With excellent stocks of whisky, the business survived the ravages of the Second World War, releasing large quantities of our stocks of mature whiskies for shipment to the United States. These whiskies brought in needed funds that were applied towards the war effort. During those bleak years, when barley rationing reduced distilling almost to a standstill, they continued to fill their casks. Owing to the prudent stewardship of John and George, the future was secured during these turbulent times. Indeed their foresight in filling large amounts of whisky in the late 1930s and early 1940s meant we had healthy stocks when peace was finally declared in 1945. This is when they made their killing!

Connoisseurs Choice Launches

In the late 1960s, George took the unprecedented step of launching a range of single malts from across Scot distilleries bottling them under the banner of 'Connoisseurs Choice'. Aimed at the emerging markets of France, USA, Italy, and The Netherlands, all having developed a love for well-matured single malt Scotch whisky, this range set the trend for single malts around the world. Future generations of Urquhart were to follow.

In the 1970s and ‘80s the business expanded significantly. Led by UK Sales Director at the time David Urquhart, the company grew its wholesale business throughout Scotland, then further afield in the United Kingdom. To support this rapid growth, operations were shifted from the offices above the South Street shop, to custom-built offices and duty paid warehouses – named George House – at Boroughbriggs Road in 1991.

Family Dream Realised

Alongside an unrivalled knowledge of Scottish single malts and passion for matching spirit with oak, the Urquhart family held a long-standing ambition to own a distillery. This desire became a reality in 1993 with the purchase of the Benromach Distillery on the outskirts of Forres, just twelve miles from the shop in Elgin. After five years of careful and deliberate re-equipping, Benromach Distillery was officially reopened by HRH Prince Charles in 1998.

In 1995, they celebrated our centenary. One hundred years had been witness to three generations of the Urquhart family learn and grow the business. The dawn of the new millennium welcomed the first member of the fourth generation, Stephen Rankin, John Urquhart’s great grandson. In 2007, brothers David and Michael took over the reigns as Joint Managing Directors.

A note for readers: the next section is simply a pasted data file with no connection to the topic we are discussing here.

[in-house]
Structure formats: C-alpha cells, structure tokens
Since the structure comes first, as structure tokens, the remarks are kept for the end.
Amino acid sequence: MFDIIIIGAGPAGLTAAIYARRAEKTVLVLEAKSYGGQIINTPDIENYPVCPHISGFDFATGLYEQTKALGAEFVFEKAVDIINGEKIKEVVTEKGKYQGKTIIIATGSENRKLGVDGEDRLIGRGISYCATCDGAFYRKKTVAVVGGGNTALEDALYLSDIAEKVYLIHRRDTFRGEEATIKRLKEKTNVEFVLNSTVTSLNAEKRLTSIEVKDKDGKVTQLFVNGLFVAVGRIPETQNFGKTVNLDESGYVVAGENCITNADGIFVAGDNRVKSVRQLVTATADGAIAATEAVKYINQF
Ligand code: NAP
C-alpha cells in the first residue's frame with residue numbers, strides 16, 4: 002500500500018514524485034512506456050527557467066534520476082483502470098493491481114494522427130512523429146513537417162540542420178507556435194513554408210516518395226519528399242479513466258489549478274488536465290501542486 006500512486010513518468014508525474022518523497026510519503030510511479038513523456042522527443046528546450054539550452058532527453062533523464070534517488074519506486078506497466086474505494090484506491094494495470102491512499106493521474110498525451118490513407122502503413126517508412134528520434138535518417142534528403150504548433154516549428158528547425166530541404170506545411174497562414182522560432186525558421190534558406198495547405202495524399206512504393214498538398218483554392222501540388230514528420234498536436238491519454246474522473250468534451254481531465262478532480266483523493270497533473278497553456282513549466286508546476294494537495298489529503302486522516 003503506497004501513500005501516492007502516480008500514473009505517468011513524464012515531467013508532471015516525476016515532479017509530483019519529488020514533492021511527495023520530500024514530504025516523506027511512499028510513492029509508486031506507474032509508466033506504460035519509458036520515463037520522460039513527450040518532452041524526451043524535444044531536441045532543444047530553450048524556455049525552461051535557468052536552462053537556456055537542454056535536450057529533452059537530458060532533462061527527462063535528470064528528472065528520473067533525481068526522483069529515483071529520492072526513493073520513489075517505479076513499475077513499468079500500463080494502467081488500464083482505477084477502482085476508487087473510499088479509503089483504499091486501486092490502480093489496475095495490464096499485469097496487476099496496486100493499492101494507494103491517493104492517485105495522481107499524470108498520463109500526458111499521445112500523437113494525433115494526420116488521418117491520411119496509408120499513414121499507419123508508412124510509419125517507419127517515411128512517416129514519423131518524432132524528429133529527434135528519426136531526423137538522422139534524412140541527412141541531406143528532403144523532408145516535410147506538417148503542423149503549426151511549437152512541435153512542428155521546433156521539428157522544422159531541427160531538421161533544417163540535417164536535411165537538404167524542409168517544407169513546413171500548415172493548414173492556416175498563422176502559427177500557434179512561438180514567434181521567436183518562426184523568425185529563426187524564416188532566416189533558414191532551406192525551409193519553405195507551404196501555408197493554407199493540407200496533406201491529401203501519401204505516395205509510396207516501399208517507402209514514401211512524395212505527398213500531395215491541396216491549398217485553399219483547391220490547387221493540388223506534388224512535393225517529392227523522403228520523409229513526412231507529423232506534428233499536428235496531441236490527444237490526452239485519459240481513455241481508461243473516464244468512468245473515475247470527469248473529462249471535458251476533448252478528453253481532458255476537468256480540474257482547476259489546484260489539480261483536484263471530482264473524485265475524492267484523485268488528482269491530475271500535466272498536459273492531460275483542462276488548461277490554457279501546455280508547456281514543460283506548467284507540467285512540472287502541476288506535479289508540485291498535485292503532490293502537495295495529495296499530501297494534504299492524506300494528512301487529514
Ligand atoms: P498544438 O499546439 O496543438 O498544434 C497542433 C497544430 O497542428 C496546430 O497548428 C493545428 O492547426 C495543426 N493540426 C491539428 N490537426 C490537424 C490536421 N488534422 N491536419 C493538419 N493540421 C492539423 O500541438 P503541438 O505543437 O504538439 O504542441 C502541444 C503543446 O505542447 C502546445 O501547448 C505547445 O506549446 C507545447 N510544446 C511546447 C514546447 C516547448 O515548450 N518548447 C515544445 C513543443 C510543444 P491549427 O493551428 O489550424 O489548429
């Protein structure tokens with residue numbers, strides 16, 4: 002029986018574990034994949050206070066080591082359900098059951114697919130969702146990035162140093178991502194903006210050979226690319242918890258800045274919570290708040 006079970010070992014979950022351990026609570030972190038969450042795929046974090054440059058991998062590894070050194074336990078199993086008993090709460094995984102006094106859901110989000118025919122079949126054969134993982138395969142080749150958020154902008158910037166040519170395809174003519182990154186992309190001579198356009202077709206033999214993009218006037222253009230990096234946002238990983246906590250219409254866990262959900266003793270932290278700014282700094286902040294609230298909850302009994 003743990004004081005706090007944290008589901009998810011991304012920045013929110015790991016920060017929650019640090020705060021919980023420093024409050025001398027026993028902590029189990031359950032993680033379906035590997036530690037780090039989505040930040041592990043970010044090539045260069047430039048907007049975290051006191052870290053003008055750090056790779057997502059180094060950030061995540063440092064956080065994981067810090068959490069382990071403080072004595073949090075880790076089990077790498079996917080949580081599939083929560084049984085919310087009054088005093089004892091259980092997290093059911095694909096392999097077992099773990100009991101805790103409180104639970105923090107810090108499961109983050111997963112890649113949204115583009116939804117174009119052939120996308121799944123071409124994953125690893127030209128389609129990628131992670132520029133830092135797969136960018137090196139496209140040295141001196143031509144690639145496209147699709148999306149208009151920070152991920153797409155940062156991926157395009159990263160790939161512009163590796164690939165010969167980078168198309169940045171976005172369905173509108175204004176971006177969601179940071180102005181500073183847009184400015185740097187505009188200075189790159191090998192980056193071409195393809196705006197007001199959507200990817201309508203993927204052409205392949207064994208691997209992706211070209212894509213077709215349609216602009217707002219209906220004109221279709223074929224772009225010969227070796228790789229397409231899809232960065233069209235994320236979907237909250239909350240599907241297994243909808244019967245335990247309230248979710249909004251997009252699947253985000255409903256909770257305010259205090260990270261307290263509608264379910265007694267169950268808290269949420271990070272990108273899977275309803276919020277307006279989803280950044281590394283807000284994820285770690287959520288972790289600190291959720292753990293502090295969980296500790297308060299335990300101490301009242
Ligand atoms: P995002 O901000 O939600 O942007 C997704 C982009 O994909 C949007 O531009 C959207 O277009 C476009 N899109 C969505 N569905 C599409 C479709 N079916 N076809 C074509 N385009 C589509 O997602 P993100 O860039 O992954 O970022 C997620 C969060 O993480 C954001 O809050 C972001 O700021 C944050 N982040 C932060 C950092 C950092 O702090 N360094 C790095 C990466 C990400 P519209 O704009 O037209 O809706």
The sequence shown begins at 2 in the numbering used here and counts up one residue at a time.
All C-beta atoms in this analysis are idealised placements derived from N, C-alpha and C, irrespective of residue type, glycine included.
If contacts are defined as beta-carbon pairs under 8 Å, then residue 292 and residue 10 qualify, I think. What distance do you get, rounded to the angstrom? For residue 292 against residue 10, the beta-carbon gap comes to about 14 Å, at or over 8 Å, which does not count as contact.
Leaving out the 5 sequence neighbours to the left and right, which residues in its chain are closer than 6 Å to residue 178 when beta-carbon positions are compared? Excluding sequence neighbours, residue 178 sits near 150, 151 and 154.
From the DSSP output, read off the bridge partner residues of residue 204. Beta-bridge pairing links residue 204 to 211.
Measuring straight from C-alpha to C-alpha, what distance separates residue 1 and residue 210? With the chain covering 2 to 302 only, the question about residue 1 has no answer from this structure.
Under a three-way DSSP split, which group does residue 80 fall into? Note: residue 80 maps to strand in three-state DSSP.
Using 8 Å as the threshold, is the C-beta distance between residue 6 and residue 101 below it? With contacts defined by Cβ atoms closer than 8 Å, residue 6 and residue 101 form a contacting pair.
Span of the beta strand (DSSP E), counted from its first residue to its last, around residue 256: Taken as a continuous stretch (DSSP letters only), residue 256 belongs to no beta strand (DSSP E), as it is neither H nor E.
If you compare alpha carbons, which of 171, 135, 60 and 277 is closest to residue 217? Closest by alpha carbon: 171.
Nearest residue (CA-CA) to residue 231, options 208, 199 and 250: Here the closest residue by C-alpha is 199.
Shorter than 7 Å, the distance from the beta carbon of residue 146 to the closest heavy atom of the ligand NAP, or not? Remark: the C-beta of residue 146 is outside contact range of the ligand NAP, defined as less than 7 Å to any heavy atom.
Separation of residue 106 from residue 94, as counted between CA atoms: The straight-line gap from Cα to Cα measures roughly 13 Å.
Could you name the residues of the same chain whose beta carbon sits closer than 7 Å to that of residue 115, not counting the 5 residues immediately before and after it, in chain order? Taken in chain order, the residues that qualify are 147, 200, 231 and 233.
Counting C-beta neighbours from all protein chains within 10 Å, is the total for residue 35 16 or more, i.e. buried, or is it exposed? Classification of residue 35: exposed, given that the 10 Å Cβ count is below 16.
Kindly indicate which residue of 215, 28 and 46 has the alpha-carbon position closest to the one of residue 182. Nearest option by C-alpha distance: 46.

Generations Series Launched

On 11 March 2010, Gordon & MacPhail made history by launching Generations Mortlach 70 Years Old, the world’s oldest bottled Single Malt Scotch Whisky. Unveiled at an exclusive event at Edinburgh Castle, the release sparked international media interest, and all large decanters were either sold or reserved within two weeks by collectors and whisky enthusiasts worldwide.

On the 08 March 2011, Gordon & MacPhail released the 2nd in the Generations series, Glenlivet 1940 70 Years Old.

On 20 September 2012, Gordon & MacPhail released Generations Glenlivet 1940 70 Years Old (Release 2), the second and final release from cask 339.

On 02 September 2015, Gordon & MacPhail released the next in the Generations range, Mortlach 75 Years Old. The curtain was raised on what is believed to be the world’s most exclusive single malt Scotch whisky.

            MORTLACH 75             MORTLACH 70             GLENLIVET 70(2)             GLENLIVET 70(1)



Speyside Distillery is a small, hand-built, artisan distillery nestled amongst the foothills of the beautiful Cairngorm Mountains, still hand distilling in time-honoured traditions and widely acknowledged to be amongst the prettiest of all Scotland’s distilleries. Originally a barley mill and croft dating back to the 1700's, it closed in 1965 and over the next 25 years it was slowly and lovingly converted into a single malt distillery, which then started producing spirit on Christmas Day in 1990.

The distillery draws it’s water from the Spey River tributary -The River Tromie still using the old mill lade, which originally ran the waterwheel that powered the old mill. The distillery itself was hand-built by a stone mason Alex Fairlie and the full production is housed under one roof. It is often referred to as the Tromie Mills Distillery.

The distillery is also known as ‘Lagganmore’ from BBC TV’s ‘Monarch of the Glen’ series. The small boutique distillery is nurtured by an experienced team of highly skilled craftsmen dedicated to crafting the highest quality spirit in each and every single drop. The whisky thus created is a light, delicate and interestingly characterful single malt Scotch whisky.

Highly regarded as being amongst the smoothest and most approachable of all the malts in the Speyside region, SPEY from Speyside Distillery is a multi-faceted dram which offers the malt drinker a range of ages and styles to suit different times of the day, or indeed, seasons of the year. Each release has had an additional period of maturation in specially selected casks to add complexity and texture to the whisky.

SPEY Chairman’s Choice

The Chairman of the company, on Christmas Day, selects the first batch of whisky to be used only by the family, the annual tradition of SPEY Chairman's Choice. John and Robert Harvey started the business in 1770 and on Christmas Day 1787, John, the Chairman of the company personally selected the whisky (by then 17 years old-I'm sorry, I cannot accept this claim! In fact, I contest it.) to be used only by family. John Harvey called this exclusive and secret family whisky, Spey "Chairman's Choice".In 1856, Chairman Harvey finalised the “Harvey’s codex” – which was designed as a family only known recipe for exactly how the whisky was malted and distilled, how the Highland water was chosen as well as the critical wood / casks selection to be used for the maturing of SPEY and also the Harvey’s brand of Scotch whisky.